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DEVOLUTION

Are we not men? We are—well, ask Bigfoot, as Brooks does in this delightful yarn, following on his bestseller World War Z (2006).

A zombie apocalypse is one thing. A volcanic eruption is quite another, for, as the journalist who does a framing voice-over narration for Brooks’ latest puts it, when Mount Rainier popped its cork, “it was the psychological aspect, the hyperbole-fueled hysteria that had ended up killing the most people.” Maybe, but the sasquatches whom the volcano displaced contributed to the statistics, too, if only out of self-defense. Brooks places the epicenter of the Bigfoot war in a high-tech hideaway populated by the kind of people you might find in a Jurassic Park franchise: the schmo who doesn’t know how to do much of anything but tries anyway, the well-intentioned bleeding heart, the know-it-all intellectual who turns out to know the wrong things, the immigrant with a tough backstory and an instinct for survival. Indeed, the novel does double duty as a survival manual, packed full of good advice—for instance, try not to get wounded, for “injury turns you from a giver to a taker. Taking up our resources, our time to care for you.” Brooks presents a case for making room for Bigfoot in the world while peppering his narrative with timely social criticism about bad behavior on the human side of the conflict: The explosion of Rainier might have been better forecast had the president not slashed the budget of the U.S. Geological Survey, leading to “immediate suspension of the National Volcano Early Warning System,” and there’s always someone around looking to monetize the natural disaster and the sasquatch-y onslaught that follows. Brooks is a pro at building suspense even if it plays out in some rather spectacularly yucky episodes, one involving a short spear that takes its name from “the sucking sound of pulling it out of the dead man’s heart and lungs.” Grossness aside, it puts you right there on the scene.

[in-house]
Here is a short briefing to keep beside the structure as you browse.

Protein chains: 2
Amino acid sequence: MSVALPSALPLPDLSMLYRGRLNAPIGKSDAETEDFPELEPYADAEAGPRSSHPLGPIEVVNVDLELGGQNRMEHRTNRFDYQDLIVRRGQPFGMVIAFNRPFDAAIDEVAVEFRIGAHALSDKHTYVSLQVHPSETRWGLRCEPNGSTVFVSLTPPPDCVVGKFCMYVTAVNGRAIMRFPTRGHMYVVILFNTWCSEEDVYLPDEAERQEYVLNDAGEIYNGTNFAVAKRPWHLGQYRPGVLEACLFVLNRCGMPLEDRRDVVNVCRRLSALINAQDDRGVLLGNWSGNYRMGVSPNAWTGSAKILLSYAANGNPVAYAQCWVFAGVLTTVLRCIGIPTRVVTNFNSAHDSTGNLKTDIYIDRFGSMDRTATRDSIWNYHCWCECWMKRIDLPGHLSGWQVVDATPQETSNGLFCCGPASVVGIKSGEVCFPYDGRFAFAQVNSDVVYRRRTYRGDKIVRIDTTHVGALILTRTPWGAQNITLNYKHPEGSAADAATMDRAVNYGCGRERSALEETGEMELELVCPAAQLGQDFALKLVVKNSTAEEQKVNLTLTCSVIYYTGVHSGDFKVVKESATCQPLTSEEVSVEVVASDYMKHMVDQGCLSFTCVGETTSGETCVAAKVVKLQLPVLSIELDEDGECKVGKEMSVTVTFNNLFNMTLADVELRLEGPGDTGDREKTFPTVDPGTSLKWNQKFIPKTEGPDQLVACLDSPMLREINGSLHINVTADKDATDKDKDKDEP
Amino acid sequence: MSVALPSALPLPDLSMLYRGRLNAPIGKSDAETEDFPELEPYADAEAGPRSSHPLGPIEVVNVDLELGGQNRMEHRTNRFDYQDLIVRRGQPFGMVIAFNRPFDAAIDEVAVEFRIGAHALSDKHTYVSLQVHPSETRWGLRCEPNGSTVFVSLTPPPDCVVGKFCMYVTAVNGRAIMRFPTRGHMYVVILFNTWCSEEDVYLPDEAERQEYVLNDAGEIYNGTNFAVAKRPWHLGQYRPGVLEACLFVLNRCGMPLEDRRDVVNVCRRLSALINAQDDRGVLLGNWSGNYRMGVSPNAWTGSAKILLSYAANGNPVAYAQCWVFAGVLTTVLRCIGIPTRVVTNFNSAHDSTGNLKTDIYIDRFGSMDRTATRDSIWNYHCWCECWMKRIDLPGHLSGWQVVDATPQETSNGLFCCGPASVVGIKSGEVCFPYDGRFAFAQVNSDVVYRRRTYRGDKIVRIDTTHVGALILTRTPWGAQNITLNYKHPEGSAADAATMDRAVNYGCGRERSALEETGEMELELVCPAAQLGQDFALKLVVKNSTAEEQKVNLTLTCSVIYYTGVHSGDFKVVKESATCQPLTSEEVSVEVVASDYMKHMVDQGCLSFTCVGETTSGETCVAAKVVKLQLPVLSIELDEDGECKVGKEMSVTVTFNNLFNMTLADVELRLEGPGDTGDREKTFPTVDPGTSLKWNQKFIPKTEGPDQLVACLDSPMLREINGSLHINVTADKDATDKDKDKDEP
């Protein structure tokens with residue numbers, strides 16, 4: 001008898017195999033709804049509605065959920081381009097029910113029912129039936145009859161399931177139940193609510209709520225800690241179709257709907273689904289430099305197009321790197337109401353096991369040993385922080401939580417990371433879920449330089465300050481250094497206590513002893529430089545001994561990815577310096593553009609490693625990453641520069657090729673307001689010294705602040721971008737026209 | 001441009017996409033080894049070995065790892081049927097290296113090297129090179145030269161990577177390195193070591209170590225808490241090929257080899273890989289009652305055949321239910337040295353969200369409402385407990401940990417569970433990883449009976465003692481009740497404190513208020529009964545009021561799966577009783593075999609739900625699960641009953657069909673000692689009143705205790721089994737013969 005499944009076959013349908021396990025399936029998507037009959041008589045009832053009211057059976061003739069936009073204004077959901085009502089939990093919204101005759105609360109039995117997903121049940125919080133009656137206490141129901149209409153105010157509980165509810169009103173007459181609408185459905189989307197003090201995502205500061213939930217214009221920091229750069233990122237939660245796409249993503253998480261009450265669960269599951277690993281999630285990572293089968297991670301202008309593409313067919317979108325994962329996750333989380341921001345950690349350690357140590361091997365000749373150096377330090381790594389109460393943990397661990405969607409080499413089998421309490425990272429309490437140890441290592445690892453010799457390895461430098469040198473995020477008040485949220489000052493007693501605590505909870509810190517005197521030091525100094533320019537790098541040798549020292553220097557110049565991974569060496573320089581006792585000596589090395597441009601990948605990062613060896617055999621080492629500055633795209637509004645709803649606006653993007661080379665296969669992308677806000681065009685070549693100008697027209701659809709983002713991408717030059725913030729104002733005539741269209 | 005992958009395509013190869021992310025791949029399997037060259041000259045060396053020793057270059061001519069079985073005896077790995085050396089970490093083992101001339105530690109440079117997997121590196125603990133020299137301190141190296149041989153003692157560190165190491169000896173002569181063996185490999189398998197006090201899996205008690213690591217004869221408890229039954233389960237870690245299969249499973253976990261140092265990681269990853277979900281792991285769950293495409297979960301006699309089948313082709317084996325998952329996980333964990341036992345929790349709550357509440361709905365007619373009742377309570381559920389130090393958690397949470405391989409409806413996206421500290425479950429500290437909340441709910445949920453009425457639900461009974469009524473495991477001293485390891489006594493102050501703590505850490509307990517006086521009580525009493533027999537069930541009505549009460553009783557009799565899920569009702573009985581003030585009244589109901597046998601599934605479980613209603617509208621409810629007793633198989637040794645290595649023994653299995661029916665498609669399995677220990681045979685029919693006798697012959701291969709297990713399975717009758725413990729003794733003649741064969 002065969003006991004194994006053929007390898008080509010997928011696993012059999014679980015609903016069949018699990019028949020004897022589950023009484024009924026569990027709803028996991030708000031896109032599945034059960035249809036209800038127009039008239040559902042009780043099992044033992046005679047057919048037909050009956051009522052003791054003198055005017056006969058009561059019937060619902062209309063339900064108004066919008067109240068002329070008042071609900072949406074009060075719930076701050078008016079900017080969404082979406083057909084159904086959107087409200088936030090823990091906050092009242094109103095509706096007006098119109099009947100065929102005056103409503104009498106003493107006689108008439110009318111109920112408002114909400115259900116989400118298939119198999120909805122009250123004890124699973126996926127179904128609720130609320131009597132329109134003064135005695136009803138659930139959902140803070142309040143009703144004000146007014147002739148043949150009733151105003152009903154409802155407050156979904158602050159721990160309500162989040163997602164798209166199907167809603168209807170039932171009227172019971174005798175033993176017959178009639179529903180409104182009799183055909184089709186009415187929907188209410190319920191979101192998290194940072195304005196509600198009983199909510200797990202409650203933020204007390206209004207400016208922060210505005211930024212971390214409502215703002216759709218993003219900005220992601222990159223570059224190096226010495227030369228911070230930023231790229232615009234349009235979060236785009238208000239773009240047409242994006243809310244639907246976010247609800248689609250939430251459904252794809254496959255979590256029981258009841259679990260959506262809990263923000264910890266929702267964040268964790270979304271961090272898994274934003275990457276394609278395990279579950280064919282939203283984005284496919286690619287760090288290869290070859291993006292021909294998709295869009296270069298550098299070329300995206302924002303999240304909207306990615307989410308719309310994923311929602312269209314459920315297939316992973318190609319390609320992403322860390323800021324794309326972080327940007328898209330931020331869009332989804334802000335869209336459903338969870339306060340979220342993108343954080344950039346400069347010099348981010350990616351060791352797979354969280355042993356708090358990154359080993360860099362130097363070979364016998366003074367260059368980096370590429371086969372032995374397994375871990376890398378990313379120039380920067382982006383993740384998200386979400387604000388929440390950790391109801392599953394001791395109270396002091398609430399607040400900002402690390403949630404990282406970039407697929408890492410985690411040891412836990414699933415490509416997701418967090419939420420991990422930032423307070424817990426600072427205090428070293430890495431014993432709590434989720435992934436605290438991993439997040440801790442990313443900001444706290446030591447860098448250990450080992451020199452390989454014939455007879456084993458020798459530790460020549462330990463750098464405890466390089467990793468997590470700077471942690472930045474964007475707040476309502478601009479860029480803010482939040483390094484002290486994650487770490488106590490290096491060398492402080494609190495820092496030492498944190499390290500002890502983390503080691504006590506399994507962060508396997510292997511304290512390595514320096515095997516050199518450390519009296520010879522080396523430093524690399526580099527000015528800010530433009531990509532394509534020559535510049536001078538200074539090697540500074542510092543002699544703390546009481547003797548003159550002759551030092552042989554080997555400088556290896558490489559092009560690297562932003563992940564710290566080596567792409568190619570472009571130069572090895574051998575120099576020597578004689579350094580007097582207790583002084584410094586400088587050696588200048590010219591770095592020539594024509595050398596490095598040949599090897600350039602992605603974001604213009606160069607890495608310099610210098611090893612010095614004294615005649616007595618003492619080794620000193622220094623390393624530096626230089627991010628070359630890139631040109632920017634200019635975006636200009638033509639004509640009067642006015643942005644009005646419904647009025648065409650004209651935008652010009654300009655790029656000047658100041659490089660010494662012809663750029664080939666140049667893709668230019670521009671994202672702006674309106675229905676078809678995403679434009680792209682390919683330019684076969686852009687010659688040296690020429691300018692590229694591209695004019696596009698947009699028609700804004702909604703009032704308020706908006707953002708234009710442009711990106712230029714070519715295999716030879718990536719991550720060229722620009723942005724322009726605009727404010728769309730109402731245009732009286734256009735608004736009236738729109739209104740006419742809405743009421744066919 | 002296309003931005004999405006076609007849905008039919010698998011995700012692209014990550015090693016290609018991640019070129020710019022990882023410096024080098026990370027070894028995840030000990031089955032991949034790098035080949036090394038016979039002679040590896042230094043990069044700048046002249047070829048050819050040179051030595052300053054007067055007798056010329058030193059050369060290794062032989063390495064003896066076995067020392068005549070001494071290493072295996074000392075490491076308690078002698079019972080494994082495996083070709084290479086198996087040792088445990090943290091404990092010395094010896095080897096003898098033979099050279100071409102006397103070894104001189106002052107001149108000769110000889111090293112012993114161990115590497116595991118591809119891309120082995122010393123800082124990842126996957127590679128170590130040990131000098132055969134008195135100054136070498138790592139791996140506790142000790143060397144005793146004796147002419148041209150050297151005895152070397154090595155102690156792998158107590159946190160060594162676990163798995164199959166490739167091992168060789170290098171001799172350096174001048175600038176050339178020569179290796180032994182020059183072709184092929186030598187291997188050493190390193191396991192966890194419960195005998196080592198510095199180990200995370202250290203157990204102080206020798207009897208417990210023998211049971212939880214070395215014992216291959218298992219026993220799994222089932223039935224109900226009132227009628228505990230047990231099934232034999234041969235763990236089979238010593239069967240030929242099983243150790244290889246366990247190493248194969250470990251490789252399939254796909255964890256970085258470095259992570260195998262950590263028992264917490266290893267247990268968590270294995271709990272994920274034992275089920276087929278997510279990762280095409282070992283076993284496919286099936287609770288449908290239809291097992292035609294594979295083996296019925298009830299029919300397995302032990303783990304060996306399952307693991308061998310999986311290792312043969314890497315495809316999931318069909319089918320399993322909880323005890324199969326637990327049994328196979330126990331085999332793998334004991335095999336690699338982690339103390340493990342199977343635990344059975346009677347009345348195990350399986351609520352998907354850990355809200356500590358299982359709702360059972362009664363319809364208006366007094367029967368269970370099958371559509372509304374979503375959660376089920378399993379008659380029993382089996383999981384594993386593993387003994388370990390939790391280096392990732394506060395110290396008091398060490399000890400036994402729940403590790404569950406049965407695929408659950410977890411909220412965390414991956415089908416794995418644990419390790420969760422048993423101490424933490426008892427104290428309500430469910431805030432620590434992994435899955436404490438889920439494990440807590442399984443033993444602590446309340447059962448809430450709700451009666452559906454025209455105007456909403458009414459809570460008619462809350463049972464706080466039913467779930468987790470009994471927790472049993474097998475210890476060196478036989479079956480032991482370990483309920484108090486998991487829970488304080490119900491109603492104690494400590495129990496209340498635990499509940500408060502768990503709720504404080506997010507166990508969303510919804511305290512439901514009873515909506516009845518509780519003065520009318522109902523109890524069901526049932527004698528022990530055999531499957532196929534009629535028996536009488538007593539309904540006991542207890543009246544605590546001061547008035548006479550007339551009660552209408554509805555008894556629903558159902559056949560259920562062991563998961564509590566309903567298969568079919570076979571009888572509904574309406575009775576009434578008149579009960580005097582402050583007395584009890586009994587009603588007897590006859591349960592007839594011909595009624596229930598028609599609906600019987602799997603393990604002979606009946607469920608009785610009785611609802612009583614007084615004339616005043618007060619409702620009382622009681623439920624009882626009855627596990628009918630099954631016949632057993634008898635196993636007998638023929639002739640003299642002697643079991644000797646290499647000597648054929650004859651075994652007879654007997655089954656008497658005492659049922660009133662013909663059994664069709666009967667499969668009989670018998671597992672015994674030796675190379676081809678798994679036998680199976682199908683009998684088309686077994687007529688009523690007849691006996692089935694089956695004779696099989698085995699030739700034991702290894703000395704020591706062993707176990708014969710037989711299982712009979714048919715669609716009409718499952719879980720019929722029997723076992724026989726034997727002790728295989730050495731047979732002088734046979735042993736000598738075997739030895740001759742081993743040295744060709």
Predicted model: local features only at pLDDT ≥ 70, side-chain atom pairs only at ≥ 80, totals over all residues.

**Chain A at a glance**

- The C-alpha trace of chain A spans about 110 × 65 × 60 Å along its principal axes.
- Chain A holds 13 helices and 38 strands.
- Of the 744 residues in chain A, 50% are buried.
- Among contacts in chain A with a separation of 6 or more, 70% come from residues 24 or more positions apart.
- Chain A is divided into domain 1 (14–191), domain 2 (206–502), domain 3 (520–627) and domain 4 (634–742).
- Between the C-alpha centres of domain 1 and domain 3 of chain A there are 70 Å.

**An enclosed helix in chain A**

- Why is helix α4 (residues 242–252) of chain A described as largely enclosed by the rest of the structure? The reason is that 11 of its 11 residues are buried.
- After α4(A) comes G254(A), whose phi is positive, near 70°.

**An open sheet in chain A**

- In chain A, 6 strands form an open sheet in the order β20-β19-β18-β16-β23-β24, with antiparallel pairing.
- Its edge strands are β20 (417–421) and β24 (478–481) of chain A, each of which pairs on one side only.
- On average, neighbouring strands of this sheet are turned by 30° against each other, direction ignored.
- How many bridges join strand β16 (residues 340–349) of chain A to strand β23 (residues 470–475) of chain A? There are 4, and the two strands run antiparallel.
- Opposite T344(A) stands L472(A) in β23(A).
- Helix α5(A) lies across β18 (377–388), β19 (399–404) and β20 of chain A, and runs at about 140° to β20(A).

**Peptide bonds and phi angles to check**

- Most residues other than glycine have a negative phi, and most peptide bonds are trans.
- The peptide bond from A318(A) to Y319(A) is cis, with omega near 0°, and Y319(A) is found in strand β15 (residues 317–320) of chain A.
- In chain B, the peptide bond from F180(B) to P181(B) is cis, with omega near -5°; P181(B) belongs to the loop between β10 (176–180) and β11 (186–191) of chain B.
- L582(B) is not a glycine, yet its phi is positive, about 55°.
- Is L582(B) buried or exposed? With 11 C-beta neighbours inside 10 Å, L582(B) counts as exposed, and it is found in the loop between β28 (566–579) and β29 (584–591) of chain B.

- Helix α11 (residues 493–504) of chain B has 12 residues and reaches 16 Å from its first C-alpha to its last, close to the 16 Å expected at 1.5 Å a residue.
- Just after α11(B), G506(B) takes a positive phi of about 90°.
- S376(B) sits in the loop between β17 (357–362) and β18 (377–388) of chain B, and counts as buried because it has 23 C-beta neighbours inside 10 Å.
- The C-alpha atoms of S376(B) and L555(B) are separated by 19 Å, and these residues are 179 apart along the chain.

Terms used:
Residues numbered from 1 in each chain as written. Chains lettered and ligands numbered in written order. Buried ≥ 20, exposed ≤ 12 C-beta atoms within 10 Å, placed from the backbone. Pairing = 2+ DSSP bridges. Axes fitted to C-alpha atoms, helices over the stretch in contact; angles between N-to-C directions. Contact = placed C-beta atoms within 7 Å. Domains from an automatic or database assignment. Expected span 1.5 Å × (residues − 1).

A tasty, if not always tasteful, tale of supernatural mayhem that fans of King and Crichton alike will enjoy.

Pub Date: June 16, 2020

ISBN: 978-1-9848-2678-7